For About and By Caregivers
Caring for Someone with the Flu


Keep your loved one comfortable and follow the recommendations of his or her health care provider.

Keep others in the home healthy by washing hands and household surfaces frequently.

Ensure that all medications are taken as directed.

Keep your loved one in a separate space from other members of the household.

Everyone in the home, including the sick person, should clean their hands with soap and water or an alcohol-based hand rub frequently.

Get immediate medical care if your loved one experiences:

Difficulty breathing or shortness of breath

Purple or blue discoloration of the lips

Pain or pressure in the chest or abdomen

Sudden dizziness


Severe or persistent vomiting


Flu-like symptoms that improve, but then return with fever and worse cough

How to keep yourself and others from getting the flu?

Keep the sick person away from other people as much as possible, especially those who are at high risk of complications from the flu. You can do this in your home by creating a sick room. Keep your loved one in a room away from common areas of the house. If you have more than one bathroom, have the sick person use one and well people use the other. Clean the sick room and bathroom daily with household disinfectant. The sick person should not have visitors other than caregivers. An email, text message, or phone call is safer than a visit.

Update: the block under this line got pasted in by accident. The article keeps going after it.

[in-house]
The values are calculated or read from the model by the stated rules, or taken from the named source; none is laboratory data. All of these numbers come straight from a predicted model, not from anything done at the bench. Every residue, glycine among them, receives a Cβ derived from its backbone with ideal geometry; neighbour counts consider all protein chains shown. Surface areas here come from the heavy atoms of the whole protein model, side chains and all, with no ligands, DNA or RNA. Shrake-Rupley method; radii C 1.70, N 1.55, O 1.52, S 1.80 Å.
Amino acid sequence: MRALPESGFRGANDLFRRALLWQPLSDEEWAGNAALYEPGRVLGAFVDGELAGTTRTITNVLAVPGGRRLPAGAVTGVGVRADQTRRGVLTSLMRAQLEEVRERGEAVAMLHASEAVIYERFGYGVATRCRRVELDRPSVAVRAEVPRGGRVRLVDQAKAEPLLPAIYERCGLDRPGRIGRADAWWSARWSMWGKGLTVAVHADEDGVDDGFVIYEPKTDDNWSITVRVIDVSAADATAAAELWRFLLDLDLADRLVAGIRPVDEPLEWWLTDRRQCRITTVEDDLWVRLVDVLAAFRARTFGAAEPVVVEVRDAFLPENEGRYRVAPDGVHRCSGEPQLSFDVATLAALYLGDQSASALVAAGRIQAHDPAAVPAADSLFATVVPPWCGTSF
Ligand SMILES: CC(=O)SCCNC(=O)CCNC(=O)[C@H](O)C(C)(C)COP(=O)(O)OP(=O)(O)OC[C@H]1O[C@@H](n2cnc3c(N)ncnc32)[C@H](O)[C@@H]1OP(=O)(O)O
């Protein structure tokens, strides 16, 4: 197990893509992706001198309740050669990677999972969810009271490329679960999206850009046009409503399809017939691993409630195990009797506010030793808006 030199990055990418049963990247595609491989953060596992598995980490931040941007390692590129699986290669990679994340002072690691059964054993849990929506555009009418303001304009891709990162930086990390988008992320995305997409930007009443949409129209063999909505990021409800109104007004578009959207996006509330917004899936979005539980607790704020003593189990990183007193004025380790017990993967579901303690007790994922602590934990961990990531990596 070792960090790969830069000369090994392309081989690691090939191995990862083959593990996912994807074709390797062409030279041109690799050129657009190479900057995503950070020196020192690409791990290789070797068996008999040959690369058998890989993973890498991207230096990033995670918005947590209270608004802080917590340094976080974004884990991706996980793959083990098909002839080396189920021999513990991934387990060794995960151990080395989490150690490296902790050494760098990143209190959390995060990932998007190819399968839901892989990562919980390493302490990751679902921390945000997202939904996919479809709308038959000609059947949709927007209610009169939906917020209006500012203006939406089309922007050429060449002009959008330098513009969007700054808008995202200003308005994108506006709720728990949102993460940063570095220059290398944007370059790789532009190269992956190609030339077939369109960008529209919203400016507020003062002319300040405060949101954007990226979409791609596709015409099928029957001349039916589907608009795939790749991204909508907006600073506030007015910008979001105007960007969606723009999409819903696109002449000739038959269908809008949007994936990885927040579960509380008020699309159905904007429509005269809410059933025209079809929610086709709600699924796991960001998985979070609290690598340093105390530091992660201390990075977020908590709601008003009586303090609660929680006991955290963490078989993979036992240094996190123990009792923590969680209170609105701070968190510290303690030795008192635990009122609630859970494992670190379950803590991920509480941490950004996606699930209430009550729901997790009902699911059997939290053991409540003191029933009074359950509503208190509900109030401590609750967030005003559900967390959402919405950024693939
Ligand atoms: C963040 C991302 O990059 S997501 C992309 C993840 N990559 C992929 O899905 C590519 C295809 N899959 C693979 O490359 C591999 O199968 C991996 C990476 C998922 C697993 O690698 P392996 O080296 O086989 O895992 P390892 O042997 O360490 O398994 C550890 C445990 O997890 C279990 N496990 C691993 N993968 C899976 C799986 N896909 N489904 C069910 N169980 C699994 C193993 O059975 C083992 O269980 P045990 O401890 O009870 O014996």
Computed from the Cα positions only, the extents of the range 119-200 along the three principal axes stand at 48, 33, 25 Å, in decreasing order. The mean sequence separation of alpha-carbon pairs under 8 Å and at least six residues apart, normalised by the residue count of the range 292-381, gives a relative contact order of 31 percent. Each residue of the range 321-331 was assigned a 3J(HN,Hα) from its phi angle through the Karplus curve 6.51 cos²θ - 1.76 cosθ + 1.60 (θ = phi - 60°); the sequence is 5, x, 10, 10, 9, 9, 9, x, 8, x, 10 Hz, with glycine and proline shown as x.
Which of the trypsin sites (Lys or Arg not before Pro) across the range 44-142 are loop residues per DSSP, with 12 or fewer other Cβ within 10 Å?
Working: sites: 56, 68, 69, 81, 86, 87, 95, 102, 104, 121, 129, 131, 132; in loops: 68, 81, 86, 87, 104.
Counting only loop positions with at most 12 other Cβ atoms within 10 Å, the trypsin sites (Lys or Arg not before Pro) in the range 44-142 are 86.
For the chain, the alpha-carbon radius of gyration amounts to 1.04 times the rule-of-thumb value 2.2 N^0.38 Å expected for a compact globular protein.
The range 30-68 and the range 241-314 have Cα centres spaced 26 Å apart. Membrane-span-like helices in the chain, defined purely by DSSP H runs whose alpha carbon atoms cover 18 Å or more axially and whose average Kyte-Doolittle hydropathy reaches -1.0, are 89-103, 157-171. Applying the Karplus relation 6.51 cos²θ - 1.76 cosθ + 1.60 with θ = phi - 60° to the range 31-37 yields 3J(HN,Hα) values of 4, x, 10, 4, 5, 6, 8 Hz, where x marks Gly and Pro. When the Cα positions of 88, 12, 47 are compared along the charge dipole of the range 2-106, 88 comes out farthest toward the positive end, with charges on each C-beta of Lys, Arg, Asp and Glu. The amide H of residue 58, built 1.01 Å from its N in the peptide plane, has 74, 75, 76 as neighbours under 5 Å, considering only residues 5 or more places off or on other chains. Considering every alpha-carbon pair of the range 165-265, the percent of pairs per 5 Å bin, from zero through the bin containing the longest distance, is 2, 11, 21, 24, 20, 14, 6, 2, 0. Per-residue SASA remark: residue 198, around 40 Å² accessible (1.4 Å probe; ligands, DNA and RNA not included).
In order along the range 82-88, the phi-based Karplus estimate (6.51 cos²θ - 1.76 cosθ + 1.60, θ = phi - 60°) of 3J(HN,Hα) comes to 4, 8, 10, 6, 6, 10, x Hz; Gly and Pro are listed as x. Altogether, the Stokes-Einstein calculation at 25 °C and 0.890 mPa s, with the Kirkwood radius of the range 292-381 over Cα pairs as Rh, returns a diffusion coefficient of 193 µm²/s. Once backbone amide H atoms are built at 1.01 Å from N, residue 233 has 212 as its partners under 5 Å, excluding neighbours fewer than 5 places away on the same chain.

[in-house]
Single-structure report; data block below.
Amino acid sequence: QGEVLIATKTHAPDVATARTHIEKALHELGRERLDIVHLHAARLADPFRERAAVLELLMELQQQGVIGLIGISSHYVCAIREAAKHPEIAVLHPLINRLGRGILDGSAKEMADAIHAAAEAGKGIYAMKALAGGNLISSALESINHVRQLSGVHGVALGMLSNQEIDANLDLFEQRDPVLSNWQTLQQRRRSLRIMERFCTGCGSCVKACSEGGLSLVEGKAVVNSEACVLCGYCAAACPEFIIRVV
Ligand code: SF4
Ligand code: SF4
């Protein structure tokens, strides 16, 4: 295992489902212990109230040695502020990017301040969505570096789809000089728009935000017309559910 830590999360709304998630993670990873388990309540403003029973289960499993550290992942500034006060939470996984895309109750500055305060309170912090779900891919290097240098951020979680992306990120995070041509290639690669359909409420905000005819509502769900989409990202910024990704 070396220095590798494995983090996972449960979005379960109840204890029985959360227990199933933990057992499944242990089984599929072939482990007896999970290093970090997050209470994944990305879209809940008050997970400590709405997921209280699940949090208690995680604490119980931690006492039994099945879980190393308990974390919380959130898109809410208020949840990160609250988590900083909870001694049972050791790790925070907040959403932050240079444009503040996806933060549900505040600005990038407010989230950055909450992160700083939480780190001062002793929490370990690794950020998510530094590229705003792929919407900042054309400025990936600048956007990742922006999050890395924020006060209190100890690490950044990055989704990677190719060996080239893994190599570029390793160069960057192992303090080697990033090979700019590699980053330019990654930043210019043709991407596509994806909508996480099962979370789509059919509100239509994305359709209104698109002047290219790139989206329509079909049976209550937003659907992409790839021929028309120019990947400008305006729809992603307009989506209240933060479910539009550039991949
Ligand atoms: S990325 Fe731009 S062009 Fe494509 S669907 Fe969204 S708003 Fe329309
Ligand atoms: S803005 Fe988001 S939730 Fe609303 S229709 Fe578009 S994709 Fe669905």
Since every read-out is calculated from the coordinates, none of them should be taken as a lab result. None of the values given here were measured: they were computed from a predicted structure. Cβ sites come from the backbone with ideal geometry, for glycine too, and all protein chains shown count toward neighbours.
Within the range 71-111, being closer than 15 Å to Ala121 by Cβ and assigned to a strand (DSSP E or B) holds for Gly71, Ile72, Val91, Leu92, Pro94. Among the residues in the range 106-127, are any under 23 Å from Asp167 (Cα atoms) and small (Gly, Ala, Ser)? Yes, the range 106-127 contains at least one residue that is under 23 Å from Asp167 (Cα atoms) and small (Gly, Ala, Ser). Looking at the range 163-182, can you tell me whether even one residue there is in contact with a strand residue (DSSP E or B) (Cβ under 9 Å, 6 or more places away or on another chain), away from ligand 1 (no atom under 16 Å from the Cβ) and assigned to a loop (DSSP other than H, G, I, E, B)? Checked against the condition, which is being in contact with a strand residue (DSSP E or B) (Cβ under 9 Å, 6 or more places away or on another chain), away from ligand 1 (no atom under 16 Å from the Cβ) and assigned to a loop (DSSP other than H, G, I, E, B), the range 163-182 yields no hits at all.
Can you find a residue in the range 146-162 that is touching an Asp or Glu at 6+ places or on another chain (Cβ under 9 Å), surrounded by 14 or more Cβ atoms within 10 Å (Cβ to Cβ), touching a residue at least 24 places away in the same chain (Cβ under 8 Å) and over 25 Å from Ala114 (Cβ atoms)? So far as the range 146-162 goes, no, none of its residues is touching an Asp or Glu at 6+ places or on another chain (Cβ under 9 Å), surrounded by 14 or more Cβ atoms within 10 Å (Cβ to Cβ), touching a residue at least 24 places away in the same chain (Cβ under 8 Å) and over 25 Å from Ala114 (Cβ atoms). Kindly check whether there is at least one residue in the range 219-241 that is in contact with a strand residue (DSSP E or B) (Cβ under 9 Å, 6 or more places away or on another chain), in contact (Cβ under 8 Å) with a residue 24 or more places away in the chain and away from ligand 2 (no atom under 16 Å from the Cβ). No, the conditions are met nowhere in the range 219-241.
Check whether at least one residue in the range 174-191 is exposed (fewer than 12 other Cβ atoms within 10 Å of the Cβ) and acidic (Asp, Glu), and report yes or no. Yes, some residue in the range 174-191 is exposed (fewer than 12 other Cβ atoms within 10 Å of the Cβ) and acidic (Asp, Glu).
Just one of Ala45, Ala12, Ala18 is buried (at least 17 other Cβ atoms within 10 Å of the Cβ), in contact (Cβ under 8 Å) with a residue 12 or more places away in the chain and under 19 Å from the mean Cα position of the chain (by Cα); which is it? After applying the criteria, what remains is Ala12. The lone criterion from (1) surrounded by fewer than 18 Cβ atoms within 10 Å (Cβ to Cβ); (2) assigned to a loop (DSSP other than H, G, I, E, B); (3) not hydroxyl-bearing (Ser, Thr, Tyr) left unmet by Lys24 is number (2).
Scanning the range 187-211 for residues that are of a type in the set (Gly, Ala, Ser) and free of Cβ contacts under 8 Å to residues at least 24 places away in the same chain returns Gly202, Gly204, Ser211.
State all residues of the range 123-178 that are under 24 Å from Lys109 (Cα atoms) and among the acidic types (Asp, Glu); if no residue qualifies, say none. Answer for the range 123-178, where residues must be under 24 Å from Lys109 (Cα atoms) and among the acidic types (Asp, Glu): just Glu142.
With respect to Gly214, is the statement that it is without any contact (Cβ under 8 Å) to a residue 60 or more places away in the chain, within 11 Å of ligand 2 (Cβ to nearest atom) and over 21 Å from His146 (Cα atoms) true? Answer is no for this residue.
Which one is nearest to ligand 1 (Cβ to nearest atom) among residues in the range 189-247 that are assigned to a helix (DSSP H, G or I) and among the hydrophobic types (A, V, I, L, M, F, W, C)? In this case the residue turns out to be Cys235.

Take these additional steps to protect yourself and people in your home from getting the flu.

You and all healthy people in the house should clean their hands with soap and water or an alcohol-based hand rub frequently, including after every contact with the sick person, the sick person’s room or bathroom, or items used or touched by the sick person.

Remind the sick person to cover coughs and clean his or her hands with soap and water or an alcohol-based hand rub often, especially after coughing or sneezing.

Avoid being face-to-face with the sick person and, if possible, have only one adult in the home take care of the sick person. People at increased risk of severe illness from flu should not care for the sick person.

Hold small children who are sick with their chin on your shoulder so that they will not cough in your face.

Ask your healthcare provider if well people in your home—particularly those contacts who are at increased risk of severe illness—should take antiviral medications to prevent getting the flu.

Maintain good ventilation in shared household areas (keep windows open in restrooms, kitchen, bathroom, etc.).

Follow proper cleaning and disposal procedures:

Throw the sick person’s tissues and other used disposable items in the trash.

Keep surfaces clean (especially bedside tables, surfaces in the bathroom, doorknobs, phones, and children’s toys) by wiping them down with an approved household disinfectant.

Clean linens, eating utensils, and dishes used by the sick person thoroughly before reusing. You do not need to wash items separately.

Wash linens (such as bed sheets and towels) with laundry soap and tumble dry on a hot setting.

Avoid “hugging” laundry to your body before washing it to prevent contaminating yourself.


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